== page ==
Hats off to Saudi king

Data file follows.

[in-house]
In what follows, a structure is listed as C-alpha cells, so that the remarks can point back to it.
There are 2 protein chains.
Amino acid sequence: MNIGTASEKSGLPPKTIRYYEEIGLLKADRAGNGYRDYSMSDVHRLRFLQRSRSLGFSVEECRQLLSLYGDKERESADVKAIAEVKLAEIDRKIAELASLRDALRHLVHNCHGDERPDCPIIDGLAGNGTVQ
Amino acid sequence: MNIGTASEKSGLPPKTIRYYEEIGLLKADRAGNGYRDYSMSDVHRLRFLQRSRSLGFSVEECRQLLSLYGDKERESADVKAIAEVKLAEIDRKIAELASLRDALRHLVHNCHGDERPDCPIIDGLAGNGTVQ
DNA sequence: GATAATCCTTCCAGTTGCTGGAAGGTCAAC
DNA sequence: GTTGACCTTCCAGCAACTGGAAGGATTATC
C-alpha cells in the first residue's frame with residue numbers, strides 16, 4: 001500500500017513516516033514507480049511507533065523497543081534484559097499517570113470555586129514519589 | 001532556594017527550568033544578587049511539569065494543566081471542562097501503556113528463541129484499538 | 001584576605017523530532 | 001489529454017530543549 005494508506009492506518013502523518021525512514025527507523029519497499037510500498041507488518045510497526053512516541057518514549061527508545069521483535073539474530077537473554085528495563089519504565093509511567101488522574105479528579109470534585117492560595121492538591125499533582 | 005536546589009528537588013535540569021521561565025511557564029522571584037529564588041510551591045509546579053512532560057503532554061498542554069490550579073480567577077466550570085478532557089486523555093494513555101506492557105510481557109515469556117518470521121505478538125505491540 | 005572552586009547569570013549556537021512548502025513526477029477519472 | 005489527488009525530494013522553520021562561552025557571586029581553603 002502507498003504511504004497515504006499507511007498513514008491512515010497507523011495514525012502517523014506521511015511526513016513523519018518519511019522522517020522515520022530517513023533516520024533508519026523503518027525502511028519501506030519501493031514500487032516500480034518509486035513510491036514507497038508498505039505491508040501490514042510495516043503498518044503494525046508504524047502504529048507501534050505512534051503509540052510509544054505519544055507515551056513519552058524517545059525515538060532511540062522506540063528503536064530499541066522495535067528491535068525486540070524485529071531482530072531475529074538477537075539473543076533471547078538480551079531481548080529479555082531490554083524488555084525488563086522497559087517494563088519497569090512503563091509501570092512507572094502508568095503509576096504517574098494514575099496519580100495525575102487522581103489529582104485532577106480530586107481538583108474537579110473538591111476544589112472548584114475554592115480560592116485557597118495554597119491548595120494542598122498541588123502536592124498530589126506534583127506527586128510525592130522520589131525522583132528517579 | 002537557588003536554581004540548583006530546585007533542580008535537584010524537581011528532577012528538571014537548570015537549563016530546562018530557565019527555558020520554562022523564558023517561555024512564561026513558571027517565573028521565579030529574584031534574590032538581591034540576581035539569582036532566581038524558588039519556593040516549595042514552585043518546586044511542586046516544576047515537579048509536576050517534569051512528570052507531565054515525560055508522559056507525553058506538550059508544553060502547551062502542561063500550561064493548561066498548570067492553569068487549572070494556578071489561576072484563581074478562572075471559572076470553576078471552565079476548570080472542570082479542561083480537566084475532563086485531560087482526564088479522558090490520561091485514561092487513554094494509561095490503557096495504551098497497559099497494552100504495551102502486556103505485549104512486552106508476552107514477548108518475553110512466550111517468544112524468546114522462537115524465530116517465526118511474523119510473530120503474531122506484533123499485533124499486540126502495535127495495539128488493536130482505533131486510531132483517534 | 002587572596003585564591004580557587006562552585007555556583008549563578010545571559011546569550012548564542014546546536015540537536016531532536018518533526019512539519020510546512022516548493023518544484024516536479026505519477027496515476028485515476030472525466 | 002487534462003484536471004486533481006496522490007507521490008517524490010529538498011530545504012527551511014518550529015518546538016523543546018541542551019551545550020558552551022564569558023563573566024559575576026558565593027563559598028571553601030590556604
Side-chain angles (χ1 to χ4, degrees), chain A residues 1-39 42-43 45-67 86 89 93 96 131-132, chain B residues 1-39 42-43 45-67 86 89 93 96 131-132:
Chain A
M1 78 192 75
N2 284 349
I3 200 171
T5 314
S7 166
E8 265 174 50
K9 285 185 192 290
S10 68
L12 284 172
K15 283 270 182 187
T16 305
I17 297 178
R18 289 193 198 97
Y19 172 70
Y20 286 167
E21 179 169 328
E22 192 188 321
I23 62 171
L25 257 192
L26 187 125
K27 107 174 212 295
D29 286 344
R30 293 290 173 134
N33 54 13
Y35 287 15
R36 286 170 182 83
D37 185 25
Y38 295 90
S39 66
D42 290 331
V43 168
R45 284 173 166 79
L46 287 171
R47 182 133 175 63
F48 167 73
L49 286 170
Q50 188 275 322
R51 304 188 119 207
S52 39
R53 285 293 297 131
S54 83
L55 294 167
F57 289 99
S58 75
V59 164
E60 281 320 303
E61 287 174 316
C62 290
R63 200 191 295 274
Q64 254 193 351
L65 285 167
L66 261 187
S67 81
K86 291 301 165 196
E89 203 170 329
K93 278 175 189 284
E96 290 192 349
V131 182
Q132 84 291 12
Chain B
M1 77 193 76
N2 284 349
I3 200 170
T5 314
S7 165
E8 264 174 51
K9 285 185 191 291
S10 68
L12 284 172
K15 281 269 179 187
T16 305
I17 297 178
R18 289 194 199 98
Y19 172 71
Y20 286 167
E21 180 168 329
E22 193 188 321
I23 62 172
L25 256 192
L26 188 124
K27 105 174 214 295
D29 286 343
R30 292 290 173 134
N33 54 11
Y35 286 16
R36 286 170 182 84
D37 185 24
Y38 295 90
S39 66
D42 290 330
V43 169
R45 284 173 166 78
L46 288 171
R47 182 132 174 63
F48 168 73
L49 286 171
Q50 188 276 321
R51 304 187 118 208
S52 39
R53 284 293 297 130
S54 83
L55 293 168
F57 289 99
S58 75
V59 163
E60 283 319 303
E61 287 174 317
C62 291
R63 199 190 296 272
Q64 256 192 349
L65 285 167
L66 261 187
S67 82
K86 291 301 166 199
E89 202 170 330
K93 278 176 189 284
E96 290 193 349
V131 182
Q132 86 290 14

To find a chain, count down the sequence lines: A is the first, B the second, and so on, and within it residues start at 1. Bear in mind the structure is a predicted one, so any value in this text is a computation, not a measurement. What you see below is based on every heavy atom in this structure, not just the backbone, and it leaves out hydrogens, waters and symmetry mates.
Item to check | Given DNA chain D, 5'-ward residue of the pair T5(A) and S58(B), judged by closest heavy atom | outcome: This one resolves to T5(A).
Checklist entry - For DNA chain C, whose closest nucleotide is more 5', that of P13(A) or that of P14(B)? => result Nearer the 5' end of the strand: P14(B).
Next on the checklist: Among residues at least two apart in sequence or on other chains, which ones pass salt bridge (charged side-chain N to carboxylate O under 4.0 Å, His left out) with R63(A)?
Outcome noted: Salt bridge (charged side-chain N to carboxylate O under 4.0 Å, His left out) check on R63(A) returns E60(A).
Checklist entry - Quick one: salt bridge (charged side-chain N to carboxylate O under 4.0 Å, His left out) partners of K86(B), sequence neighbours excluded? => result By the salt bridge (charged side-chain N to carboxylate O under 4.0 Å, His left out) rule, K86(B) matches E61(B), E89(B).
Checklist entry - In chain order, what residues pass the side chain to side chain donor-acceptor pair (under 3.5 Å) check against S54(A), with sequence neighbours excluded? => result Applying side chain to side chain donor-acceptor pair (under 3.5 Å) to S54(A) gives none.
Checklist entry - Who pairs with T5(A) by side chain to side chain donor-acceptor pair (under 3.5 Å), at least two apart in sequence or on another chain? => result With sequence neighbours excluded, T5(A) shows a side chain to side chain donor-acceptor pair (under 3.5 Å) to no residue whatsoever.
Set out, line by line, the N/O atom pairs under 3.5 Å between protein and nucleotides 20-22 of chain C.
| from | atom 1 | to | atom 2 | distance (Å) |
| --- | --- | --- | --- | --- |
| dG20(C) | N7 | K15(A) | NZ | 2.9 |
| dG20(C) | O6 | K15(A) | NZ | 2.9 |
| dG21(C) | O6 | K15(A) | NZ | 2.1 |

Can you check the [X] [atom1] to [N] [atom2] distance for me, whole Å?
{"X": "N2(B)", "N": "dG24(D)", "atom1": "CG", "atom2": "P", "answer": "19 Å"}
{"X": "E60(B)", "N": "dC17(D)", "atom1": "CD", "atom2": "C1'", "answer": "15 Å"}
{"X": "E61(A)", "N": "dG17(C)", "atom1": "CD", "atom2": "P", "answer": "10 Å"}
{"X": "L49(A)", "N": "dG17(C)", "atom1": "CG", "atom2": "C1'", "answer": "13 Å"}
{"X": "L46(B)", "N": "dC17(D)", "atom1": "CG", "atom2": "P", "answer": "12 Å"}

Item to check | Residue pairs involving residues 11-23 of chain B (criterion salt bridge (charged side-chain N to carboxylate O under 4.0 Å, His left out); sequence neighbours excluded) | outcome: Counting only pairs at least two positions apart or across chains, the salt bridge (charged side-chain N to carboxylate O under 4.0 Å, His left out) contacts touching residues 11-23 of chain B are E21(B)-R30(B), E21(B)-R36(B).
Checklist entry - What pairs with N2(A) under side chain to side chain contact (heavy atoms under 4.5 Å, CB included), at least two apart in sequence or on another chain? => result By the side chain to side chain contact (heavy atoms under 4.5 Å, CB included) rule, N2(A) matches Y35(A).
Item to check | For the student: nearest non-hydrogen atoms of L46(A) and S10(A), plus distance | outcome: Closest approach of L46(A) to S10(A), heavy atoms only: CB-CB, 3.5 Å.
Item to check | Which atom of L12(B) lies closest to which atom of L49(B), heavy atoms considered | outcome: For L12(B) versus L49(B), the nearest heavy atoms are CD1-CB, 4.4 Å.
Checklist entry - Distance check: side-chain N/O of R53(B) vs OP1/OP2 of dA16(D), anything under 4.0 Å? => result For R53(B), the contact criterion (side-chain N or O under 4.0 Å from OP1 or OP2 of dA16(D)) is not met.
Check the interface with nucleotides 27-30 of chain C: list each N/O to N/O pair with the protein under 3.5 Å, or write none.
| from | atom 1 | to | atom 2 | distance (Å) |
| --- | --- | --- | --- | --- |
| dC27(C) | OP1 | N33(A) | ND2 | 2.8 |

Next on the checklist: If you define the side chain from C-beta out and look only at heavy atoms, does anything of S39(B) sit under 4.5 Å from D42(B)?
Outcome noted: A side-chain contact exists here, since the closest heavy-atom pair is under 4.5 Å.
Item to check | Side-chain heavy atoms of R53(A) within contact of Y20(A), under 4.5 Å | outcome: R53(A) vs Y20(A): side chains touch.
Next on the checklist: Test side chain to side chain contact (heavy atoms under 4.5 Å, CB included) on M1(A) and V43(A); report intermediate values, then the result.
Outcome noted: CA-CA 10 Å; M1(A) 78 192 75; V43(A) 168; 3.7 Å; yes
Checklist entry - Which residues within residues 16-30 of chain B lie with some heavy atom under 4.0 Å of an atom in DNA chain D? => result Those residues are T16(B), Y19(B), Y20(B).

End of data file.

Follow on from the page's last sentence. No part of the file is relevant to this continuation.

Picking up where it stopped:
The custodian of the Two Holy Mosques King Abdullah is the quintessential leader with no equal. He is the guide par excellence. King Abdullah has left other leaders of the world in the dust by reaching out to other faiths in a bid to take the edge off tensions and misgivings that have got spawned between Islam and primarily the other two Abrahamic religions - Christianity and Judaism. He has written a new chapter in interfaith relations by mounting a three-day World Interfaith Dialogue Conference in Madrid with the purpose of enhancing interfaith relations. King Abdullah has footed the bill of this prestigious conference. Madrid was selected as the site for this meeting of note as Spain was where Islam flourished and coexisted peacefully with other religions for the good part of 500 years. King Abdullah hit upon this idea of arranging a gathering when he met the Pope Benedict XVI at the Vatican in November. It is instructive to note that the king is the first Saudi ruler to have made an official visit to the Vatican where he met Pope Benedict XVI. For all practical purposes, Saudi king has made reaching out to other faiths a hallmark of his rule since taking the helm of the oil rich kingdom following the death of his half brother in 2005. Last month, he hosted an extraordinary jamboree of 600 religious scholars and intellectuals in Makkah, in the vicinity of the Grand Mosque to put a thinking cap on ways of building bridges with other faiths. He, indubitably, deserves a Nobel Peace Prize for his blockbusting performance in this regard. Madrid Conference, which was attended by more than 200 participants, brought together religious figures from all leading religions including Islam, Judaism, Christianity, Hinduism, Buddhism, Shintoism and Confucianism. This has been a good fist of tearing down the psychological barriers that sprung up after the 2001 terrorist attacks in the US. Sept 11, 2001 attacks have put a crimp on the image of Muslims, the world over. What makes one hacked off is that extremism, prejudice and fanaticism are spreading something that may, at long last, add up to a collision resulting in disaster. It is a historical reality that religious, cultural and ethnic differences have stoked up misunderstandings, hostilities and conflict. So the motif of this Madrid Conference was to weed out the communication deficit between the various belief systems. King Abdullah had struck a right note in the conference when he made a plea for "constructive dialogue" to end disputes between the world's major religions. He exhorted the followers of the world's leading faiths to turn away from extremism and embrace a system of reconciliation. He analysed the situation through and through and concluded that religions could combat many of the problems of the modern society - terrorism, the breakdown of families, drugs, exploitation of the weak - as all this is the fall out of a spiritual void. The conference called for an international agreement to combat terrorism, "a universal phenomenon that requires unified international efforts." The participants of the gathering appealed for a special session of the UN General Assembly to promote dialogue and stave off a clash of civilisations. The low-down on the conference is that its essence cannot be underestimated or overemphasised as dialogue between faiths is sine qua non if the world is to sport an idyllic look. Dialogue is the bedrock of mutual respect and making it up. If people do not look up to each other, how can they coexist. And at the heart of the respect for each other has to be the respect for each other's faiths and religious sensibilities. Back in the day, all this mattered less. Cultures and faiths lived side by side, but it was just that - side by side. They were geographically isolated and they did not come into daily contact with each other. But now it is a different kettle of fish. The segregated world no longer exists. We now live in a global village. Go to the USA, to Britain, to France; there are Americans, Frenchmen, Britons who are Muslims, Jews, Hindus, living and working side by side with the majority Christian communities. Go to almost any major city in the world; none of them are any longer single - faith societies. Work, economic development, investment and education: all have drawn in people from different races, cultures and faiths. Mass tourism, cheap flights, the Internet and satellite TV have further eroded the dividing walls and exposed us to other cultures and ways of life. Dialogue does not entail any dilution of faith. Just because Muslims, Christians and others interact and learn about each other does not make a Muslim any less a Muslim or a Christian any less a Christian. It is about breaking down bigotry, thus helping weaken Islamophobia and all the other religious phobias that have marred international relations. But building bridges between different faiths will be a long haul and take a lot of doing. It would necessitate persistent and unabated efforts matched by well-conceived practical steps as it is not a cushy number. In order to make interfaith dialogue get off to the flying start, commonality should be searched for rather than differences between different faiths. Above all, we need to plug away at these steps. The writer is a freelance columnist E-mail: irfanasghar99@yahoo.com

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